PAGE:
EU’s Rapid Alert System (RAPEX) instrumental in ensuring increasing number of unsafe products are removed from the market. Within an increasingly consumer-driven society, where the single market allows free movement of goods, RAPEX helps to stop dangerous products, from reaching the buying public in 30 European countries. Through the system, national authorities notify the Commission of products which present a serious risk, such as electric shocks, choking and burns, to consumers. RAPEX immediately launches a process to inform and warn authorities in other countries where the product is sold so that they can take immediate appropriate action.
TERM is an annual report on how transport across Europe is affecting our environment and about what we can do about it. It is what data tells us about the situation because it is based on measurements of emissions, air quality, noise and so on across Europe. And then it is the longest running report series of its kind in the World.
Dangerous objects: Rapex Report 2007 RAPEX is getting better and better at detecting dangerous toys. Meglena Kuneva, Member of the EC in charge of Consumer Protection, will present on 17/04/2008 the conclusions of the 2007 RAPEX Report. The Commissioner will outline the work undertaken on product safety - with the toy industry, international partners (China and the USA) and Member State surveillance authorities – and set out in more detail the outstanding initiatives foreseen in 2008. There were 1.355 alerts for dangerous consumer products in 2007 compared with 926 in 2006. The results from the 2007 RAPEX Report show the increasing effectiveness of this European Rapid Alert System, which was established by the Commissioner as a tool against consumer goods posing a serious risk to the health and safety of consumers and covers toys, childcare articles and household appliances. This infoclip includes: - toys and objects which have been removed from the market because they are too dangerous.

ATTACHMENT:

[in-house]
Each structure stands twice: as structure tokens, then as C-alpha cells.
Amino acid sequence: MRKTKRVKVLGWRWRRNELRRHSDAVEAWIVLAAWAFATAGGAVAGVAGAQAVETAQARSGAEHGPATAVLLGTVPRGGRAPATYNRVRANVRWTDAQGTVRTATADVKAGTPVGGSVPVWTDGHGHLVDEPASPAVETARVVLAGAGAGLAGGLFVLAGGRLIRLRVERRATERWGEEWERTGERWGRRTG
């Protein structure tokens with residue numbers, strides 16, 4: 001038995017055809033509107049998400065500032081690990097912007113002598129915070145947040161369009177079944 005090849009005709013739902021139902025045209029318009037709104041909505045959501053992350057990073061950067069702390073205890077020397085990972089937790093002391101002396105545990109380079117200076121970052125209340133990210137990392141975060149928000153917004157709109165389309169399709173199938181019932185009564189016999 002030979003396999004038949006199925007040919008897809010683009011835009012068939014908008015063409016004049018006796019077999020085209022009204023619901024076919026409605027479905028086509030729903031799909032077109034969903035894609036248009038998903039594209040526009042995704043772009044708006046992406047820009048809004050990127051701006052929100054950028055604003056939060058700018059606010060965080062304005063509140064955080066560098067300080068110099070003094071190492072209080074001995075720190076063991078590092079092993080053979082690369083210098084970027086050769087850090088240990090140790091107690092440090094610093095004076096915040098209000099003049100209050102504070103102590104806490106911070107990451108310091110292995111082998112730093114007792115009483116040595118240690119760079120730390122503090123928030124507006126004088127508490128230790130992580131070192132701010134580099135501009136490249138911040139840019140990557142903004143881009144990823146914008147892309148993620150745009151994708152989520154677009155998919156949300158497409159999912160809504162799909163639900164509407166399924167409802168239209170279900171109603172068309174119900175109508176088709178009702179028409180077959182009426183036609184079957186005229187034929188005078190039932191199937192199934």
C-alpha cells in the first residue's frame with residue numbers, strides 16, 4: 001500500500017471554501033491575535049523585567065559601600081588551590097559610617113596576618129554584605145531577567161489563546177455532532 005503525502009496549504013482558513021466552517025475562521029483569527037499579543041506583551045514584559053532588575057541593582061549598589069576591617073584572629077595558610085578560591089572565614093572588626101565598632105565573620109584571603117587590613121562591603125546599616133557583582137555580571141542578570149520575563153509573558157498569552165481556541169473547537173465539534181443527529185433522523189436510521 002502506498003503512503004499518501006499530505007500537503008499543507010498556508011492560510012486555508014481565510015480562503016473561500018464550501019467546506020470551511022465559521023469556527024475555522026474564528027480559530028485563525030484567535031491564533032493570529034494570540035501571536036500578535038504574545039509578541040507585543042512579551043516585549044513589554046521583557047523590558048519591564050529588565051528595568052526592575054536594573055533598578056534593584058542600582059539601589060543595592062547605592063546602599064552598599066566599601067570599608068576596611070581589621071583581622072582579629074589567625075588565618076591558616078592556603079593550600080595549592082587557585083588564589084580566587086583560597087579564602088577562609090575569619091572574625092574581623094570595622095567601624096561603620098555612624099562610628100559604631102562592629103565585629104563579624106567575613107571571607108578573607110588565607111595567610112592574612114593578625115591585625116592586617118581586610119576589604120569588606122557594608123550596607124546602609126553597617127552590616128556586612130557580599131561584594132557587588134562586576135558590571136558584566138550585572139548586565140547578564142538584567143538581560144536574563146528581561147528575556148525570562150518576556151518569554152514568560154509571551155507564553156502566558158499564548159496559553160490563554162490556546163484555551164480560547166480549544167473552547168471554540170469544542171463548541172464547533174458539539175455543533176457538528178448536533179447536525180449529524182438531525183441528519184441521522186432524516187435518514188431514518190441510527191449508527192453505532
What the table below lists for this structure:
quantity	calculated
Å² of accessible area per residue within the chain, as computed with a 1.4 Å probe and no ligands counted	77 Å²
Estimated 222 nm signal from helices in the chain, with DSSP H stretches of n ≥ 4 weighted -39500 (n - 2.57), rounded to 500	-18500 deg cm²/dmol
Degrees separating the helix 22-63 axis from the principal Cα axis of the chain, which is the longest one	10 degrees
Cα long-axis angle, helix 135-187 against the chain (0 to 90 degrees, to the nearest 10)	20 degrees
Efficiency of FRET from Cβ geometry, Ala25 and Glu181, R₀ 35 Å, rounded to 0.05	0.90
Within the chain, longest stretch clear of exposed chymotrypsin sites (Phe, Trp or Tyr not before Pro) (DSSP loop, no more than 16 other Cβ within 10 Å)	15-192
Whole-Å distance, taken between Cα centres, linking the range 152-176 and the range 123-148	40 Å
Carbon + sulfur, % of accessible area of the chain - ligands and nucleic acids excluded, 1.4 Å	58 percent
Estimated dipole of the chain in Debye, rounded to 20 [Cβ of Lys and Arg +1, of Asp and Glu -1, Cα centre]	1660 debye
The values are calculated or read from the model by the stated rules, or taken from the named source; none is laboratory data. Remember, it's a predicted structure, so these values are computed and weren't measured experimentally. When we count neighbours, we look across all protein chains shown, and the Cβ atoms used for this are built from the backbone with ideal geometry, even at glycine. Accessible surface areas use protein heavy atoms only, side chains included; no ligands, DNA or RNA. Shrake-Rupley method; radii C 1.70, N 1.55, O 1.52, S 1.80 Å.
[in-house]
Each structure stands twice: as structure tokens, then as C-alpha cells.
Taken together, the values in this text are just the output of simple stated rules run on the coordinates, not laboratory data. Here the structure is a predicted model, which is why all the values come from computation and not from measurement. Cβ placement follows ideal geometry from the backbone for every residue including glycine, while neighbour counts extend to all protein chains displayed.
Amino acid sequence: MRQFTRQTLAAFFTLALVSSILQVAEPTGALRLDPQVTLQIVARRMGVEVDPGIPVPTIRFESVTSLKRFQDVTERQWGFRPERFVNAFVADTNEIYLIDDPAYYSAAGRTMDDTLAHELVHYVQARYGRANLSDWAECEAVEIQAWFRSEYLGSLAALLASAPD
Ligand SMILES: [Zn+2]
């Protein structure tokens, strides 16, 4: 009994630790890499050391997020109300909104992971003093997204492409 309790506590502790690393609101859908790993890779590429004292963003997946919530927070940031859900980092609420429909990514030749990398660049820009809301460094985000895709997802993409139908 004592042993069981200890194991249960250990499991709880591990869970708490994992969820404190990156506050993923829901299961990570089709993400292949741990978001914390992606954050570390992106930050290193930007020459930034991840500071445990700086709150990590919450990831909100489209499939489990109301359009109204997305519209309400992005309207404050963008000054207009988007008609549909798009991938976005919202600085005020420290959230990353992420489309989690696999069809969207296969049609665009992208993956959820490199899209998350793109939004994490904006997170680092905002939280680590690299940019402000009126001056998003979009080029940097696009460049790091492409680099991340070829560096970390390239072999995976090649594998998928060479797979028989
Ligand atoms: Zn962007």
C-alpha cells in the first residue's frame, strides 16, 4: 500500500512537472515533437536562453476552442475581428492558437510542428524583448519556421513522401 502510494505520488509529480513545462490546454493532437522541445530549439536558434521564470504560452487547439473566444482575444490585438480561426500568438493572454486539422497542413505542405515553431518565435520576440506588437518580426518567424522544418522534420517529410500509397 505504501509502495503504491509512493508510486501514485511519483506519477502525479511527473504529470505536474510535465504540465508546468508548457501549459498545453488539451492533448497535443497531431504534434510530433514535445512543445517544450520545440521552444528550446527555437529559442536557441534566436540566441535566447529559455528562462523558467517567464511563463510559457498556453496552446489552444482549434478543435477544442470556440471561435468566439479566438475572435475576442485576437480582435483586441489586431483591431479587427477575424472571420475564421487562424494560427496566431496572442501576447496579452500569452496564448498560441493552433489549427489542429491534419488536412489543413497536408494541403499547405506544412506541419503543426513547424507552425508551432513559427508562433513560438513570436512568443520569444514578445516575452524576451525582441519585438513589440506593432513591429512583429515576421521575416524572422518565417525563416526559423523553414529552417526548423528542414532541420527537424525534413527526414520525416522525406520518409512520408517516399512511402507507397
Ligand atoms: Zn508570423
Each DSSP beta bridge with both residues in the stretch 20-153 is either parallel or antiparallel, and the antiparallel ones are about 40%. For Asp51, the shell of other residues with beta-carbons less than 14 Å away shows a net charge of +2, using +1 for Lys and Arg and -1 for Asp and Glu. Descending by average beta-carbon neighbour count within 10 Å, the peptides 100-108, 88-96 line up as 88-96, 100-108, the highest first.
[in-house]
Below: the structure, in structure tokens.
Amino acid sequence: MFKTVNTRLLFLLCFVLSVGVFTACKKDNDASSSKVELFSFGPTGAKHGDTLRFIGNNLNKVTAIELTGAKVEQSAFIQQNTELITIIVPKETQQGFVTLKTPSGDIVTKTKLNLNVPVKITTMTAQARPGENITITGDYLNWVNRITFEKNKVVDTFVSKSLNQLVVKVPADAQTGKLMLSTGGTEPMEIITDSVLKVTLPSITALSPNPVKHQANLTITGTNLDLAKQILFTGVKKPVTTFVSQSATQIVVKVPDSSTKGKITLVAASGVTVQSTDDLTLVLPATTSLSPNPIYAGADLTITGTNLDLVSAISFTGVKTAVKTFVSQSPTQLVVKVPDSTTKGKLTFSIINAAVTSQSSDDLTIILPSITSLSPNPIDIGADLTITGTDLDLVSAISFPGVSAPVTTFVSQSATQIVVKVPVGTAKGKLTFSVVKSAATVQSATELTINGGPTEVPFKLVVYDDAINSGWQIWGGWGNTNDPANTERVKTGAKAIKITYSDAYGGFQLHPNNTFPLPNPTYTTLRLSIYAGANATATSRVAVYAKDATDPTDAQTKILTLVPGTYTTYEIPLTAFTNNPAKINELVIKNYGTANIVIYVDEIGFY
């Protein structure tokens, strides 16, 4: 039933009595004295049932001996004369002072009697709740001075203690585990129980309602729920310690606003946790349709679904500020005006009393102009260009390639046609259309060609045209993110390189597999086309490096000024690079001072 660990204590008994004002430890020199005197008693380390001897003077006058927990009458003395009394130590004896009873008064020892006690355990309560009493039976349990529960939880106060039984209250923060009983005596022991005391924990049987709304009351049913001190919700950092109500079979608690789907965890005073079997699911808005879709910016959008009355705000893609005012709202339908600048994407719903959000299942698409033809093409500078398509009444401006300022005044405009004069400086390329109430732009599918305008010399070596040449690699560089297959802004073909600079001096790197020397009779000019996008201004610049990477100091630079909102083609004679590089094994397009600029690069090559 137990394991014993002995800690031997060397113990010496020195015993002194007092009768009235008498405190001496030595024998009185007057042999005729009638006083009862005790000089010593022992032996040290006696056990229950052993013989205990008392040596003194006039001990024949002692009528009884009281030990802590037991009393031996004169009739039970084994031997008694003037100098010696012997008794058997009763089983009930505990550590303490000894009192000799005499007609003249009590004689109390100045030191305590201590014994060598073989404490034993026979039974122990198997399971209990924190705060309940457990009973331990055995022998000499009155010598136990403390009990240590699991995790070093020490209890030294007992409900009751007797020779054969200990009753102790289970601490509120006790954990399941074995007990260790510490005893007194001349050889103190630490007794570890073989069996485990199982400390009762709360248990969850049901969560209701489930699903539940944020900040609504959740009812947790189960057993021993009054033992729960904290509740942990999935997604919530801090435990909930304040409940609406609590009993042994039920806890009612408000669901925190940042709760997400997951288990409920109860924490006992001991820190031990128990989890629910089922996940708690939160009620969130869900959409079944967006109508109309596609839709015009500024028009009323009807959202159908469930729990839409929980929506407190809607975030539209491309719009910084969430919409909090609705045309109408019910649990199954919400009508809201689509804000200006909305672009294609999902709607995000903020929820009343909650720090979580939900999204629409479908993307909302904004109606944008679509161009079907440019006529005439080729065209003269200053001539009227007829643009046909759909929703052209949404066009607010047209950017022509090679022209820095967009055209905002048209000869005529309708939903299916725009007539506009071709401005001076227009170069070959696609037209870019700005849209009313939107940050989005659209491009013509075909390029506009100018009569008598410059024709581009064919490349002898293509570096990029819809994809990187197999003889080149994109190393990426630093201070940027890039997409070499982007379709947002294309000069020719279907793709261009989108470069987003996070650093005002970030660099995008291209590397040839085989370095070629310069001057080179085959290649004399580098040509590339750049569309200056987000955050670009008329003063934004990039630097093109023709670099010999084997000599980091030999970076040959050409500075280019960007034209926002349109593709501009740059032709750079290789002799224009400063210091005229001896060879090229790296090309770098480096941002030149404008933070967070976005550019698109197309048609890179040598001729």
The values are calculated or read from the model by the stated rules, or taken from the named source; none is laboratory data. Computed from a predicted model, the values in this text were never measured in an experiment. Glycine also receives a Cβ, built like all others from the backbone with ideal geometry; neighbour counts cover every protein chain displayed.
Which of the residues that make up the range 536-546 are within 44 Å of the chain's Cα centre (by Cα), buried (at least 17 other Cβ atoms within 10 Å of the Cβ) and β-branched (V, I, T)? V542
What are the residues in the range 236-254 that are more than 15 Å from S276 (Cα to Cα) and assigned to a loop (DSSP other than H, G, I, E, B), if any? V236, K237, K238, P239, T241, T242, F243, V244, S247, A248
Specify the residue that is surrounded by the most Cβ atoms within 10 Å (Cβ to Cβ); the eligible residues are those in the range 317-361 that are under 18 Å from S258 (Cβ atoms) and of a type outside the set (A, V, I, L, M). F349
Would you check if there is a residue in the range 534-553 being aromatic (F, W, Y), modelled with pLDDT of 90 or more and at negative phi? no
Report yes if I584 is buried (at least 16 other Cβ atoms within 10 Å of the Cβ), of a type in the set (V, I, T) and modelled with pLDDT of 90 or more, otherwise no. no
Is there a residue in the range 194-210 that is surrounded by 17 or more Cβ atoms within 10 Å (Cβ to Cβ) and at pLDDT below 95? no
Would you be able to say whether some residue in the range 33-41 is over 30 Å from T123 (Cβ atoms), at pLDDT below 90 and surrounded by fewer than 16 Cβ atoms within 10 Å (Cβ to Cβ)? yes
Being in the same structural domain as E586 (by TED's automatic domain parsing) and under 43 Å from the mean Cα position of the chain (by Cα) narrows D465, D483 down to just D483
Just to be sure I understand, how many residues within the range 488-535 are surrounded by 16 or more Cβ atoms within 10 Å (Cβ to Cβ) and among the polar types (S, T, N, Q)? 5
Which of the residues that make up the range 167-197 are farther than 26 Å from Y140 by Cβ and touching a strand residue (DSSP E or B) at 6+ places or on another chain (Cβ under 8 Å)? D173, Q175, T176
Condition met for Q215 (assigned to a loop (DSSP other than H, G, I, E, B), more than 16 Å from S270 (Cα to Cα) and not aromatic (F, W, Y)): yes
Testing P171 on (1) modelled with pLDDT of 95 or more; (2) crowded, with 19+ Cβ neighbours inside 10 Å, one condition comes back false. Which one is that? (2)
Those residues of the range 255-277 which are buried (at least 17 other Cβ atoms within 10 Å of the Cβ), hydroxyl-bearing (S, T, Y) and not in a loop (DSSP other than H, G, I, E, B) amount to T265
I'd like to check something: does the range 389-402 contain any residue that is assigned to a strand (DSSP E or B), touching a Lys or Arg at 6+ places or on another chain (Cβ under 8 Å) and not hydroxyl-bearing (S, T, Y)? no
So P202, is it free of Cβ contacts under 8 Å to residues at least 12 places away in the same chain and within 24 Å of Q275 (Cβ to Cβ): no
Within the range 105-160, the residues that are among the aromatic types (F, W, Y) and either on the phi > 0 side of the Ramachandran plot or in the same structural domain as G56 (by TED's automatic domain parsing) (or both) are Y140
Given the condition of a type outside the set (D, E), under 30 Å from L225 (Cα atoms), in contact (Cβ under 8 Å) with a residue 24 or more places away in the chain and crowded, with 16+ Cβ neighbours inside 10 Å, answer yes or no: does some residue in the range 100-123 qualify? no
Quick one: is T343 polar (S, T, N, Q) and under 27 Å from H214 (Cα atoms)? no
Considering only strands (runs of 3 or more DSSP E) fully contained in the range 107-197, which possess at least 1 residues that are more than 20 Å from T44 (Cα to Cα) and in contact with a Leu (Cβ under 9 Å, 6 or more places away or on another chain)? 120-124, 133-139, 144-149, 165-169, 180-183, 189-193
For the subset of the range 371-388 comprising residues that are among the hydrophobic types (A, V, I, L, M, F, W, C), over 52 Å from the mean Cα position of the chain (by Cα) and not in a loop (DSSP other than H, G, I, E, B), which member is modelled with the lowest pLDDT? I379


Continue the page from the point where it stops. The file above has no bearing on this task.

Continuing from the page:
Encouraging combined road and rail transport in the EU.
Europe's roads are saturated, and the problem is getting worse across the continent. One of the main reasons is the huge quantity of goods carried by trucks, yet road freight volumes keep rising. It's estimated that the quantity of goods carried by road will increase by 20 Billion tonne-kilometres a year between now and 2013. The EU's Marco Polo II programme wants to buck this trend, and is already ensuring that over 42 billion tonne-kilometers will be shifted from the road to alternative forms of transport. This would be the equivalent of half a billion trucks per year travelling between Paris and Berlin, and in turn could mean environmental, social and economic benefits for Europe worth nearly a billion euros. The change would be made by shifting freight away from roads to other forms of transport like maritime shipping, inland waterways and railways. This film features projects that aim to transfer freight from road to rail transport, but also illustrates how the programme works as a whole.